The “social contract” seems to be returning as a popular concept in recent years, in academic, policy, and everyday contexts. For example, the Governmental Program of Gustavo Petro, newly elected leftist president of Colombia, has promised to build “a new social contract of buen vivir and well-being among all the nation’s diversity,” and the recent book What We Owe Each Other by Dame Minouche Shafik, director of the London School of Economics, calls for a “new social contract for the twenty-first century” to address the global issues of “polarized politics, culture wars, conflicts over inequality and race, and intergenerational tensions over climate change.” But what do people, those who are in positions of power, and those who are not, mean when they talk about social contracts?
An anthropological assessment of the social contract shows that state-society relations in different contexts are affected by the widespread idea that they are contractarian in nature, that states and people are bound by a deal they have made to each other. This “contractarian thinking,” as we call it, involves a set of implicit assumptions about how state-society relations should be, which becomes a yardstick against which people interpret their experiences as meeting or failing to meet those standards. Furthermore, actions of government actors are often shaped by normative ideas about social contracts. As such, we believe the social contract merits renewed attention, not to revive an outdated theory and begin new disputes over its precepts, but to recognize it as a sticky, alive concept, which travels and reappears in different guises, both hotly appropriated and enthusiastically refuted in different intellectual and lay contexts.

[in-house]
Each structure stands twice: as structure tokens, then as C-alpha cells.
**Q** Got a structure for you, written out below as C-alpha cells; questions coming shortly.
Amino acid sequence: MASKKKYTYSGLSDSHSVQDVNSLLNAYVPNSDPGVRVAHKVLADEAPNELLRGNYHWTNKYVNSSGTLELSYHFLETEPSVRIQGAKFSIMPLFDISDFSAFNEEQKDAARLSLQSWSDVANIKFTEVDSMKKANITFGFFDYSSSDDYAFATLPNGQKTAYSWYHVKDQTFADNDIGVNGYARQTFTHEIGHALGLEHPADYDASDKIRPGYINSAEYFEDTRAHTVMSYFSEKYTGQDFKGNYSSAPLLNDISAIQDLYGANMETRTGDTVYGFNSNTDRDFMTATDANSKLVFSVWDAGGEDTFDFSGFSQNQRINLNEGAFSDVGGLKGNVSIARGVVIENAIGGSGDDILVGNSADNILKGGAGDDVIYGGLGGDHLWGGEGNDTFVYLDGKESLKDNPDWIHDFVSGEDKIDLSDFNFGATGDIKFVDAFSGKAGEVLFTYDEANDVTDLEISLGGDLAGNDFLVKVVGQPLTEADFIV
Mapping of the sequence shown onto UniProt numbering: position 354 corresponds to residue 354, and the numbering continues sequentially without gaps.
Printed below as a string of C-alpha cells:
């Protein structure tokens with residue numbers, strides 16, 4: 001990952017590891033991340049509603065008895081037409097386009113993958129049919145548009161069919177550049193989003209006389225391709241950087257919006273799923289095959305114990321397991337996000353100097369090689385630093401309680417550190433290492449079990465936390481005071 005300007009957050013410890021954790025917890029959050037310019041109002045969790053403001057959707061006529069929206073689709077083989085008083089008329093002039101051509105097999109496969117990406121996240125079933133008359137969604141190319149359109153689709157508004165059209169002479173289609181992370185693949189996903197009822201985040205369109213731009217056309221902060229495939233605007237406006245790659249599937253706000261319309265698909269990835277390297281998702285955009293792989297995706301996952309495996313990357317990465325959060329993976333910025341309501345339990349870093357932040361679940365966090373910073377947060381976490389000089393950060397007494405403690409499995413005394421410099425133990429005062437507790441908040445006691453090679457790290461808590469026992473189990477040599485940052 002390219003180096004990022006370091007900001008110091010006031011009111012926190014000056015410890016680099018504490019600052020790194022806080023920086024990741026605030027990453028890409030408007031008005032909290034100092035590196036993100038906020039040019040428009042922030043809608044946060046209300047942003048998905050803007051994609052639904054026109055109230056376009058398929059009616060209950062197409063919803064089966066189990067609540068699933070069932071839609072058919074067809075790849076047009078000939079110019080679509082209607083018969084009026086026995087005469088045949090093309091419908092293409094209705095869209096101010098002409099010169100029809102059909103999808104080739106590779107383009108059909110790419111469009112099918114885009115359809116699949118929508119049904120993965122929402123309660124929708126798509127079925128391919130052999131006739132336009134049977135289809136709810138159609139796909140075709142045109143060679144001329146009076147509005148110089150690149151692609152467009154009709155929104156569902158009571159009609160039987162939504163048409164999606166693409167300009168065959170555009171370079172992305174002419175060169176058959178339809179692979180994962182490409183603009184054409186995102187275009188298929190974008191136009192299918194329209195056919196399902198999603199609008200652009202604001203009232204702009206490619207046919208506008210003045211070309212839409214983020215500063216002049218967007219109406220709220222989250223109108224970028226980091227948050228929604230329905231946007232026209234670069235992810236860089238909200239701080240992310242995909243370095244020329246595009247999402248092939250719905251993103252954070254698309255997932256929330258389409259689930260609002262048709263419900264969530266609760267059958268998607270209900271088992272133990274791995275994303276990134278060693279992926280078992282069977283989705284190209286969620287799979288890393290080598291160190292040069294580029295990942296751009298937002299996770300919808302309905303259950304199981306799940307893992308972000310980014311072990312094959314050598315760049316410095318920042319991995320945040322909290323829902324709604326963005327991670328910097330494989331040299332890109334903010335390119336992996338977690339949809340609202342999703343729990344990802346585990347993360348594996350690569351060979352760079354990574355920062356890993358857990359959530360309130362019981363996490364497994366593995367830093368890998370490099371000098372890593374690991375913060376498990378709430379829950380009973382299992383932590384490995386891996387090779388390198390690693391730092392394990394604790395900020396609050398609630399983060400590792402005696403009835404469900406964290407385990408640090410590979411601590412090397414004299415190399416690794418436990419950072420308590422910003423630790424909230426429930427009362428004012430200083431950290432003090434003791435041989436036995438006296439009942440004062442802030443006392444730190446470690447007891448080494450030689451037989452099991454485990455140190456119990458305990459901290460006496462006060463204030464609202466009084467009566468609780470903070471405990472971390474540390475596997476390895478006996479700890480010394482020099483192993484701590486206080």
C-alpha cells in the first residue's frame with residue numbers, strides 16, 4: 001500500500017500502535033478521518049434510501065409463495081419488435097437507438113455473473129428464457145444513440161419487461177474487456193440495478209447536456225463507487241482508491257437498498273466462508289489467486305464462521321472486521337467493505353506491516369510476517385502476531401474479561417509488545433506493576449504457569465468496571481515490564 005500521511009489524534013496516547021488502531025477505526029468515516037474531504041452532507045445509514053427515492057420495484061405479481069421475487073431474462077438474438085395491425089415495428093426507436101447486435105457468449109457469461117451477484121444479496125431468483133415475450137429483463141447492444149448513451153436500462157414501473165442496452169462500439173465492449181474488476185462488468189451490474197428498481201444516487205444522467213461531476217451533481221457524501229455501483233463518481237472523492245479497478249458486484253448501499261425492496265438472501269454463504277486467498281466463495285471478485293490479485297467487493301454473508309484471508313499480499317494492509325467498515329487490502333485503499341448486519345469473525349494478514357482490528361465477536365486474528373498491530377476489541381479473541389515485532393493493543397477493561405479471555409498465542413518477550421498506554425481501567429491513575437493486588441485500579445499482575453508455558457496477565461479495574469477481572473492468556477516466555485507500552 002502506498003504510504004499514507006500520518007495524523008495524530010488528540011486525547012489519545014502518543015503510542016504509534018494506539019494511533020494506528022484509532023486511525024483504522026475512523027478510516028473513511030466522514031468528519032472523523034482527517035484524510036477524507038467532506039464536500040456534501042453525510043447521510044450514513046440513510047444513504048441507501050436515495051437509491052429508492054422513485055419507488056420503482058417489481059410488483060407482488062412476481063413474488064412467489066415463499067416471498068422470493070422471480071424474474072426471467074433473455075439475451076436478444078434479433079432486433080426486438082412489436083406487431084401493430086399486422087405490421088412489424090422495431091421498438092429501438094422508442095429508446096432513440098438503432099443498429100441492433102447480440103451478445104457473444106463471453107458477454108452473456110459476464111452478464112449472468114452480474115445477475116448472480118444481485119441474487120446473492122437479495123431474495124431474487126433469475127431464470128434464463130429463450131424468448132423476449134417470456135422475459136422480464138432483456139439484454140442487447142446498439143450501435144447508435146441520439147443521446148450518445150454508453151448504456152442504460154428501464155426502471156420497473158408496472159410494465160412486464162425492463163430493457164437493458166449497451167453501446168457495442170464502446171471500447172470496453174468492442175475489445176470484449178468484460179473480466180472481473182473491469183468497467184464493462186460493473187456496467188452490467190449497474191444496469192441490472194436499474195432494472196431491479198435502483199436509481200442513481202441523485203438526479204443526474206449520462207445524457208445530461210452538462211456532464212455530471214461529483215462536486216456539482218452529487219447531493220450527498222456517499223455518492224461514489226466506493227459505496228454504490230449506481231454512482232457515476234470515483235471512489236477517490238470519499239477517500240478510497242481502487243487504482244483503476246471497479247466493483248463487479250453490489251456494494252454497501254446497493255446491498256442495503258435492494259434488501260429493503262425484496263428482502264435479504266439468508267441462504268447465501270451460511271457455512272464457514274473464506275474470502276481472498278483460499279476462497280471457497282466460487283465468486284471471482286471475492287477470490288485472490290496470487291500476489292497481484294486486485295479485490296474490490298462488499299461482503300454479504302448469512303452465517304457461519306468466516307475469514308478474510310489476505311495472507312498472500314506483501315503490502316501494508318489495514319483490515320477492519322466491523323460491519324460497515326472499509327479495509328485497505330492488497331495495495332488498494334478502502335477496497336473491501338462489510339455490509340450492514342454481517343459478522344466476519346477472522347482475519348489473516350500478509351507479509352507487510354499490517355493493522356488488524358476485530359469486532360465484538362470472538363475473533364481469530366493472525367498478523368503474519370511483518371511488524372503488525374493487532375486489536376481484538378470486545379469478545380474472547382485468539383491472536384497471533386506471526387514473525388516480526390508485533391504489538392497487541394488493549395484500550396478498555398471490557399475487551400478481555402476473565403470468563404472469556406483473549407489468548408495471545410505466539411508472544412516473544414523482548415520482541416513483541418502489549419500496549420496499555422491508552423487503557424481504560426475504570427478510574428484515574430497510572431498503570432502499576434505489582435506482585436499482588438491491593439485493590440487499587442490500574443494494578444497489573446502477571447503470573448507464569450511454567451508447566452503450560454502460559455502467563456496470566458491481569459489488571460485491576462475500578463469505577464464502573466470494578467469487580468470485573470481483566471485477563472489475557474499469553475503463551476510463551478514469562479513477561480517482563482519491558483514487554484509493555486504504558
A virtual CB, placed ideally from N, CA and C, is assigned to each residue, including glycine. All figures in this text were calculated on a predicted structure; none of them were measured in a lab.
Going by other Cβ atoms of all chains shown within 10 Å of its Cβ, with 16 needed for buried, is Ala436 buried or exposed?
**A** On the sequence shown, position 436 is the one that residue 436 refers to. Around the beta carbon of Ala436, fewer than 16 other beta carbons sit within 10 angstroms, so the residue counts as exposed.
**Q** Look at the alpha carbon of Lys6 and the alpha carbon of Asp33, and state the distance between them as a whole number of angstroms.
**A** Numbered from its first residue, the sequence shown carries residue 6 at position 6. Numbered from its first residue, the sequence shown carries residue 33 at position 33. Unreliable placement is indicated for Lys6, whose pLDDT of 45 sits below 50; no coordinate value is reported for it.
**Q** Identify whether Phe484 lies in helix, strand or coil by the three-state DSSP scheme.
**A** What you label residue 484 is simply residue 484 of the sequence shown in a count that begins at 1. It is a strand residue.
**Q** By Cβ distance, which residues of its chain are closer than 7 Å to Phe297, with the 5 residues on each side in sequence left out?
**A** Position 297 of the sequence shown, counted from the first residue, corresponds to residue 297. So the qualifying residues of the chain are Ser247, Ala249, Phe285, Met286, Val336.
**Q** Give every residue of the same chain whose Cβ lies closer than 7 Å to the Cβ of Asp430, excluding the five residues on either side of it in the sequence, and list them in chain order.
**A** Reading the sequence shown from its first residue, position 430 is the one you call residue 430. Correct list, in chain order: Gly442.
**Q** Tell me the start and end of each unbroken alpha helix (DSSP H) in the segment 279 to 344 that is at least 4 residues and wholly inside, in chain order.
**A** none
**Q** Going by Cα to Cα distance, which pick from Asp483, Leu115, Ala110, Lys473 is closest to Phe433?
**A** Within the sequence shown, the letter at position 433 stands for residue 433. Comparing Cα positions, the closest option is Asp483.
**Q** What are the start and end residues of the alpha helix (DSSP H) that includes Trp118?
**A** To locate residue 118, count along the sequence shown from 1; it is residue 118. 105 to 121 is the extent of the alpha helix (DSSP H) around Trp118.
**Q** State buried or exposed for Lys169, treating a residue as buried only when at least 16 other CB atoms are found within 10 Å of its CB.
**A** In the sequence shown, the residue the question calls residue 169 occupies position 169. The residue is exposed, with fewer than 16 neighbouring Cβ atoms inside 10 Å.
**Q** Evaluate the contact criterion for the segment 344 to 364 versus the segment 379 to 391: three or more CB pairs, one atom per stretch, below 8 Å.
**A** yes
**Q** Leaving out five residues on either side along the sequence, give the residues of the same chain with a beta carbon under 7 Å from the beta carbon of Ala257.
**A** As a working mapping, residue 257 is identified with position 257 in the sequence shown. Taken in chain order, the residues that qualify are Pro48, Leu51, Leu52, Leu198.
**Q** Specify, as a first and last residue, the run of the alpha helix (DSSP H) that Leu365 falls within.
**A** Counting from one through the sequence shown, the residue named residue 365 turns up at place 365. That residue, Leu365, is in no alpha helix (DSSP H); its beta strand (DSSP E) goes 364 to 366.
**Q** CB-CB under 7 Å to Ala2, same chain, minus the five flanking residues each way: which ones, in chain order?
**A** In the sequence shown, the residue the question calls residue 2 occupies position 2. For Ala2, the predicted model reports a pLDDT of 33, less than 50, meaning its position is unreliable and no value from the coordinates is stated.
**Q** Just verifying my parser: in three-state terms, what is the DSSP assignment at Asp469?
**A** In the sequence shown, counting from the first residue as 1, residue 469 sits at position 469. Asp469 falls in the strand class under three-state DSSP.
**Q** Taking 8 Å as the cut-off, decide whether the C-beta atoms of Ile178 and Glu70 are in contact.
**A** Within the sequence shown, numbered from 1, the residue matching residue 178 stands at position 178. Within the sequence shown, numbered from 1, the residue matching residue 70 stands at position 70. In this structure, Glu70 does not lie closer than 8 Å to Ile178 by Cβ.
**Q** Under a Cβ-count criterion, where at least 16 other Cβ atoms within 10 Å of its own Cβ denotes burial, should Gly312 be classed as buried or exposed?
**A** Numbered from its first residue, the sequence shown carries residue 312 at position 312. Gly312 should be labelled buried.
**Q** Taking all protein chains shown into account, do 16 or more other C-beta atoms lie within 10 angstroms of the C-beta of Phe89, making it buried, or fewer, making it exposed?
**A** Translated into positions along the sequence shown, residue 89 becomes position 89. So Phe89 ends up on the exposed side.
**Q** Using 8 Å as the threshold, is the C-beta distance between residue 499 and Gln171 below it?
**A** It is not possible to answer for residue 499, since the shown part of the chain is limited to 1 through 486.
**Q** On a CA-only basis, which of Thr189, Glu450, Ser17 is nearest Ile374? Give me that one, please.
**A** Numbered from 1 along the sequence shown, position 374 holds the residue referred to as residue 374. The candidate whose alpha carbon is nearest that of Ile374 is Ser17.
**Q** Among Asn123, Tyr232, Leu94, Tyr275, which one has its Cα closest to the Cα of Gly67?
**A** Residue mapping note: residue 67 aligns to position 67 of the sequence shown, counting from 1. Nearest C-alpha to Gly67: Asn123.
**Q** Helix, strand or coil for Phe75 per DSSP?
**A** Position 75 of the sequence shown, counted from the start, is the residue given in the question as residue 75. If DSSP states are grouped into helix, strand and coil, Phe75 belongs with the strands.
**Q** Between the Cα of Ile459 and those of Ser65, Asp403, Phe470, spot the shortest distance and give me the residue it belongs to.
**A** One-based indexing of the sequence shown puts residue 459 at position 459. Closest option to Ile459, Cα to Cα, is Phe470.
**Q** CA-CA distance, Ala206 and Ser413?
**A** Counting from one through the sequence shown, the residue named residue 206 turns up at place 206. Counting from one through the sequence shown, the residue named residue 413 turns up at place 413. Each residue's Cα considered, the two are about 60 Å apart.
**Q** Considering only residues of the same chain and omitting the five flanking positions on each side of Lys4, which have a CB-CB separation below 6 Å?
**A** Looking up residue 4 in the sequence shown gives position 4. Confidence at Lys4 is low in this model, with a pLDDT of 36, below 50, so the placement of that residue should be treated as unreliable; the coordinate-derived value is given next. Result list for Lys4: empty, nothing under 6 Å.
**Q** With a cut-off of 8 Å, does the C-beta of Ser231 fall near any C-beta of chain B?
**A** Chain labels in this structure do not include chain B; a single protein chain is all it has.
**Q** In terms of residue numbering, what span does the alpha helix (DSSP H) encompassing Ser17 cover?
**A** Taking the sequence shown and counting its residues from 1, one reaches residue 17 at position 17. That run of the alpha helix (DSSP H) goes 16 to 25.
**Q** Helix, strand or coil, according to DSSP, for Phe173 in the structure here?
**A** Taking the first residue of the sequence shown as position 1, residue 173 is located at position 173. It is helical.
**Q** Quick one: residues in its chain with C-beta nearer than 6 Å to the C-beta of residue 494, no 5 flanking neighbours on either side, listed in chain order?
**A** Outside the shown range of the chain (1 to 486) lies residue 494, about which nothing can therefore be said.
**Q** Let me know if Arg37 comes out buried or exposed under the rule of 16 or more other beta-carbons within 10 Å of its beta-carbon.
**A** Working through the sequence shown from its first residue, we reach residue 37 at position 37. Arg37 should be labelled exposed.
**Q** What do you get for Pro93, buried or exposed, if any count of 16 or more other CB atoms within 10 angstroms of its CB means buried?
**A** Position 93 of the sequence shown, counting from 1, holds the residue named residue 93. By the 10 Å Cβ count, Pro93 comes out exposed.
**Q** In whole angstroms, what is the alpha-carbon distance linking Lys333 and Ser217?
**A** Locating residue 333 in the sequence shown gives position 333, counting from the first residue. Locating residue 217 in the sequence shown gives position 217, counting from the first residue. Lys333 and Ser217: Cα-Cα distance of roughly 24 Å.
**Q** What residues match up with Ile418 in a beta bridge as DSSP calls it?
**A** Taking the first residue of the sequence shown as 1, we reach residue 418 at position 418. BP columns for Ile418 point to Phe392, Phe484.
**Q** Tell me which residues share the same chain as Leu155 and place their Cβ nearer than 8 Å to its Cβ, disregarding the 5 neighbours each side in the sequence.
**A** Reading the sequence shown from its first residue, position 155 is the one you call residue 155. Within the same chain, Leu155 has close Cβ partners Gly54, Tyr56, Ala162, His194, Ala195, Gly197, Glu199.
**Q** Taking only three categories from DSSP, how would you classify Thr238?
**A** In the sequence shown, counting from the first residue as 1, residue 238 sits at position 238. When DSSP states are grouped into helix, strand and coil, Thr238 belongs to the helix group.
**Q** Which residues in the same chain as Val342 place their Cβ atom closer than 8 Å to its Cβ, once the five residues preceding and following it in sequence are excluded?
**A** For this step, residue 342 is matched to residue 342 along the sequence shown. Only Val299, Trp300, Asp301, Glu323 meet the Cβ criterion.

An anthropological approach to the social contract, as we argue in a recently published special issue in Critique of Anthropology, treats the social contract as an interpretative resource that impacts the lived experience of state-society relations, an idea that people around the world live with about how society functions, from village councils in India to state officials in Colombia, international digital nomads to Afghan refugees in Germany. The authors in the special issue explore ethnographic instances of both the explicit concept of the social contract and this implicit contractarian thinking on the ground.
Arguing that people’s ideas of states are shaped by contractarian expectations and assumptions, but their real-world experiences undermine these ideas, Sara Lenehan points out that Afghan asylum seekers fled Iran, coming to Germany after changes in Iranian law left them with fewer rights, because they heard Angela Merkel saying that refugees would be welcome. They were in search of a “more caring” social contract but were disappointed when the German state did not appear to be fulfilling their side and did not seem to treat “deserving” migrants fairly. Another article by Dave Cook depicts the “digital nomads”—middle class people from the global North seeking to live out a dream of freedom, doing remote work from exotic locations such as Thailand, untethered from any social contracts with states. Yet they find themselves mired in bureaucracy for visas, taxes, and online businesses, in relationships with many states at once, ultimately undermining the fantasy of being able to “opt out” of a social contract by leaving a country.